November 29, 2016 —
Operating at 60 GHz, WiGig is a near perfect solution to keeping signals in check. Propagation characteristics at that frequency mean they stay very close to the core. That means interference, both to and from surrounding WiGig networks becomes less of an issue. But that also means that they will require more power if wider area coverage is desired. However, implementing directional capabilities can offset that short range omnidirectional property.
What makes WiGig so attractive is that its channels have a wider bandwidth, allowing the transmission of multi-gigabit data with fast per-second speeds. That coupled with low latency and beamforming means WiGig devices can achieve data rates of up to 8 Gbps for typical 10 meter applications. This is an attractive solution for high-bandwidth apps, such as transferring high definition media files to nearby mobile devices, drastically reducing download times.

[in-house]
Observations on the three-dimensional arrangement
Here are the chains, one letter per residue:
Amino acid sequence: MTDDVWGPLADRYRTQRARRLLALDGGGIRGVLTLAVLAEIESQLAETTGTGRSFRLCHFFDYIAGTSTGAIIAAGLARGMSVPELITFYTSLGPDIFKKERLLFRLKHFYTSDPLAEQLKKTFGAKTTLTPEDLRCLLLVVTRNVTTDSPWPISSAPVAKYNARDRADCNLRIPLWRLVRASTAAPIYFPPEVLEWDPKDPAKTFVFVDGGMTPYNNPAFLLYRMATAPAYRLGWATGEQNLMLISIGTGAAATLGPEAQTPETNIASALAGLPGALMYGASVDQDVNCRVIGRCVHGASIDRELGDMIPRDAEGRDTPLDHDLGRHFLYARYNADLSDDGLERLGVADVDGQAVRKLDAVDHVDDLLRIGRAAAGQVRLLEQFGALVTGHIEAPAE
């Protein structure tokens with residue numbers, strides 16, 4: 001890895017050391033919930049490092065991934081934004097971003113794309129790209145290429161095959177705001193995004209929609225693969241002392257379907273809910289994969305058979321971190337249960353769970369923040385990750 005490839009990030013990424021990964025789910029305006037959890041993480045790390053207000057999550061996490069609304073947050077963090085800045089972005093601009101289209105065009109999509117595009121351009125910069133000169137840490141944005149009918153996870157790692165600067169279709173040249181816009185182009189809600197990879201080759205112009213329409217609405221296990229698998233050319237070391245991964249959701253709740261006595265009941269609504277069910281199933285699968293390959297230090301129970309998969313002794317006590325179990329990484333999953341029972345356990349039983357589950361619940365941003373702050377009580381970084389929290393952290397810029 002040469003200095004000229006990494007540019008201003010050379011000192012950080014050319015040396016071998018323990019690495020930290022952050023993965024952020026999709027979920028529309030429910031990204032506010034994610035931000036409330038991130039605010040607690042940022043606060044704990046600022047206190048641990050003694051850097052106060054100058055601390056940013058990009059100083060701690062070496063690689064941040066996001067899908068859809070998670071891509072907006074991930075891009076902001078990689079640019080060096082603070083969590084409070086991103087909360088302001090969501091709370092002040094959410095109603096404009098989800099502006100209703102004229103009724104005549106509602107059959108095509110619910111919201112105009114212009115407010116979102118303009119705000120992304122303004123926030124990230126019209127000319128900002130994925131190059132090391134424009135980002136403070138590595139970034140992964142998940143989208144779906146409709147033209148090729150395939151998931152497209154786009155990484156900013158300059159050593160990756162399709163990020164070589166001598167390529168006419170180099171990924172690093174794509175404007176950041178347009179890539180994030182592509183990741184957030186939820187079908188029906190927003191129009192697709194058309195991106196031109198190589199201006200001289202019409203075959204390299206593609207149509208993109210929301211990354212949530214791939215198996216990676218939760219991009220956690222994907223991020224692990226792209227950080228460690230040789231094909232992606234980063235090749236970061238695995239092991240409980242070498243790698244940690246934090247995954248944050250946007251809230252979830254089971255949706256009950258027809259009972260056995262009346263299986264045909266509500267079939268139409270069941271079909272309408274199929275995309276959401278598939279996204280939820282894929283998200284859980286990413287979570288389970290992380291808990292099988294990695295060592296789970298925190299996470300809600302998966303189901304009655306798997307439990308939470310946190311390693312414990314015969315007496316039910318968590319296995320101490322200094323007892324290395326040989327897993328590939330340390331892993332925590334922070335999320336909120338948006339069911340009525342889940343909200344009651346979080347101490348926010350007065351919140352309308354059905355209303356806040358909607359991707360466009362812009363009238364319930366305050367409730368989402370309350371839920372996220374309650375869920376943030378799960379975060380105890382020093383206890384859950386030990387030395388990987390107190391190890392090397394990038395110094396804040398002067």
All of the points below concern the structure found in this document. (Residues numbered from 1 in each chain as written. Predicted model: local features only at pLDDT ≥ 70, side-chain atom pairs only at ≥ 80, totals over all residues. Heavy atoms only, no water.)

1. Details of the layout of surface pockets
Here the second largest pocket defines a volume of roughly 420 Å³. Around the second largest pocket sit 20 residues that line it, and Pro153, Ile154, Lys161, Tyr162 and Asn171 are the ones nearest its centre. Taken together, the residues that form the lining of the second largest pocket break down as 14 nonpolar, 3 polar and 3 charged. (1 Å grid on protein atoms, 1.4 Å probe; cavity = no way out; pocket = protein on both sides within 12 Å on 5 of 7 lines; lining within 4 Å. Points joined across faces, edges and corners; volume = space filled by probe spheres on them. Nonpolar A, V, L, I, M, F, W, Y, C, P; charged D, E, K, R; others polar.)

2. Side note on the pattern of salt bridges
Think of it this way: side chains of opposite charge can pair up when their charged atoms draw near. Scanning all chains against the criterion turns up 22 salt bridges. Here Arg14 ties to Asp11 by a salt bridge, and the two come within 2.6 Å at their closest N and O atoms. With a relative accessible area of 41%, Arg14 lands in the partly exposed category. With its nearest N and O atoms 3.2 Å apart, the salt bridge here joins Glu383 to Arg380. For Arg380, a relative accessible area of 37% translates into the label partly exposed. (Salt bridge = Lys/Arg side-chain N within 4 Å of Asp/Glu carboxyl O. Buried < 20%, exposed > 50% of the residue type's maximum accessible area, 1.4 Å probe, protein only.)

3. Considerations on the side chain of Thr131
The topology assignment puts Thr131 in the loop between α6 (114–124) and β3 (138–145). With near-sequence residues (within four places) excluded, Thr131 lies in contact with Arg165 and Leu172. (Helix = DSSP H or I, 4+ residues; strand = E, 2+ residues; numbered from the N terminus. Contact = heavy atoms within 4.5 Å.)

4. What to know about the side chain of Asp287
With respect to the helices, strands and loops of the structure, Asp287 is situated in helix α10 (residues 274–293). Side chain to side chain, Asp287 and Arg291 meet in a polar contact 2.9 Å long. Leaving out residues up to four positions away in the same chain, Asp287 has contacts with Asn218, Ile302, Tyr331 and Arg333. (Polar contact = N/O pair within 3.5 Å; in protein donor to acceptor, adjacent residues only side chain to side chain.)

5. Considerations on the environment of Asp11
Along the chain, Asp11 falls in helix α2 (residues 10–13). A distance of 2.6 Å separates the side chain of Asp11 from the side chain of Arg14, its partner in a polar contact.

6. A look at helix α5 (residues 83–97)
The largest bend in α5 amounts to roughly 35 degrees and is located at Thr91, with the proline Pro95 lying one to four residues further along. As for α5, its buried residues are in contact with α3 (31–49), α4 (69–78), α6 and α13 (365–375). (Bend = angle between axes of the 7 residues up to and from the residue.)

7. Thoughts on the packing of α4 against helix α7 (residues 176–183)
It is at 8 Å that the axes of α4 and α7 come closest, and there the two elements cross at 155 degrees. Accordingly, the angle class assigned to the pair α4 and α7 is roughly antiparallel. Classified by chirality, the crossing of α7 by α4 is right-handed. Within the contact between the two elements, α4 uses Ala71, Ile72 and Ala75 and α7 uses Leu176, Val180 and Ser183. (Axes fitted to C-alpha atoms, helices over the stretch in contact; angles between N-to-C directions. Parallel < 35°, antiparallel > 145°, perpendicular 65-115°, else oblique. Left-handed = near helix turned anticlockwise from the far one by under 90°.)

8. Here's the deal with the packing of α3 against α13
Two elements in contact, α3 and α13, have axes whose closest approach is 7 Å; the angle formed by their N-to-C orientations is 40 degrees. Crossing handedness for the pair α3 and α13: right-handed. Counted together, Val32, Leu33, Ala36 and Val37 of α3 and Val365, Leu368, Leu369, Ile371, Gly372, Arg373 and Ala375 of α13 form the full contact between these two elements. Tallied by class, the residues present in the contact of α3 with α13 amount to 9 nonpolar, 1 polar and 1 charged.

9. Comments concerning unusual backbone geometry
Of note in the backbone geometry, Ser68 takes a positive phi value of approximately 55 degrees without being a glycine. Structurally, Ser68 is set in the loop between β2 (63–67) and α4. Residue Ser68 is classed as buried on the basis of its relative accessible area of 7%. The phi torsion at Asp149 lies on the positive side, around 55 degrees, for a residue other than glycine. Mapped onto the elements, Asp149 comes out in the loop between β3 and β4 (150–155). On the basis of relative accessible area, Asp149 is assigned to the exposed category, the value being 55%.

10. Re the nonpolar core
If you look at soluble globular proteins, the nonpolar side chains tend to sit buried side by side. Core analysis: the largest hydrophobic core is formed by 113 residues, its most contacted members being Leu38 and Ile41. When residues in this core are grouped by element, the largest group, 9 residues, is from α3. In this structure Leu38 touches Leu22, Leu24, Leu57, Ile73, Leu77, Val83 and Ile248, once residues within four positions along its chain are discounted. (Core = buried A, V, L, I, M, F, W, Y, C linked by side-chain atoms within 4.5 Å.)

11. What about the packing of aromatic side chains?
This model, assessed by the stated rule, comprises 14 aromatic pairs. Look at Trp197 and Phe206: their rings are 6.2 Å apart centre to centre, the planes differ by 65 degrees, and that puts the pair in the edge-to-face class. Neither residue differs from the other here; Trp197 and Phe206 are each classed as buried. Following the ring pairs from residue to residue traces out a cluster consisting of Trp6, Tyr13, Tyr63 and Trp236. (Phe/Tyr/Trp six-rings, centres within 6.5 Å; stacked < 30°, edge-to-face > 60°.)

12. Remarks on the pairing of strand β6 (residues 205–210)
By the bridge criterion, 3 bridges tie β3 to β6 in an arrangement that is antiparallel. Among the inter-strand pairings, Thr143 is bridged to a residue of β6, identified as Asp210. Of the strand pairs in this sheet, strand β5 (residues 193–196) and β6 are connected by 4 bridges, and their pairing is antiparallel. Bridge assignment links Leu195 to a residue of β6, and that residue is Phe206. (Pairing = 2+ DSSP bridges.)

That particular metric has a lot of potential applications. If WiGig is adopted among a diverse set of devices, such as handsets, tablets, access points, laptops, game consoles and even metro backhaul infrastructure equipment, a lot of bandwidth will become available to handle local and edge demands.
WiGig has a lot of potential, but also some challenges. Even with focused transmissions, power, propagation, poor obstruction penetration and environmental sensitivity all need to be better understood to make WiGig a truly 5G and internet of anything technology.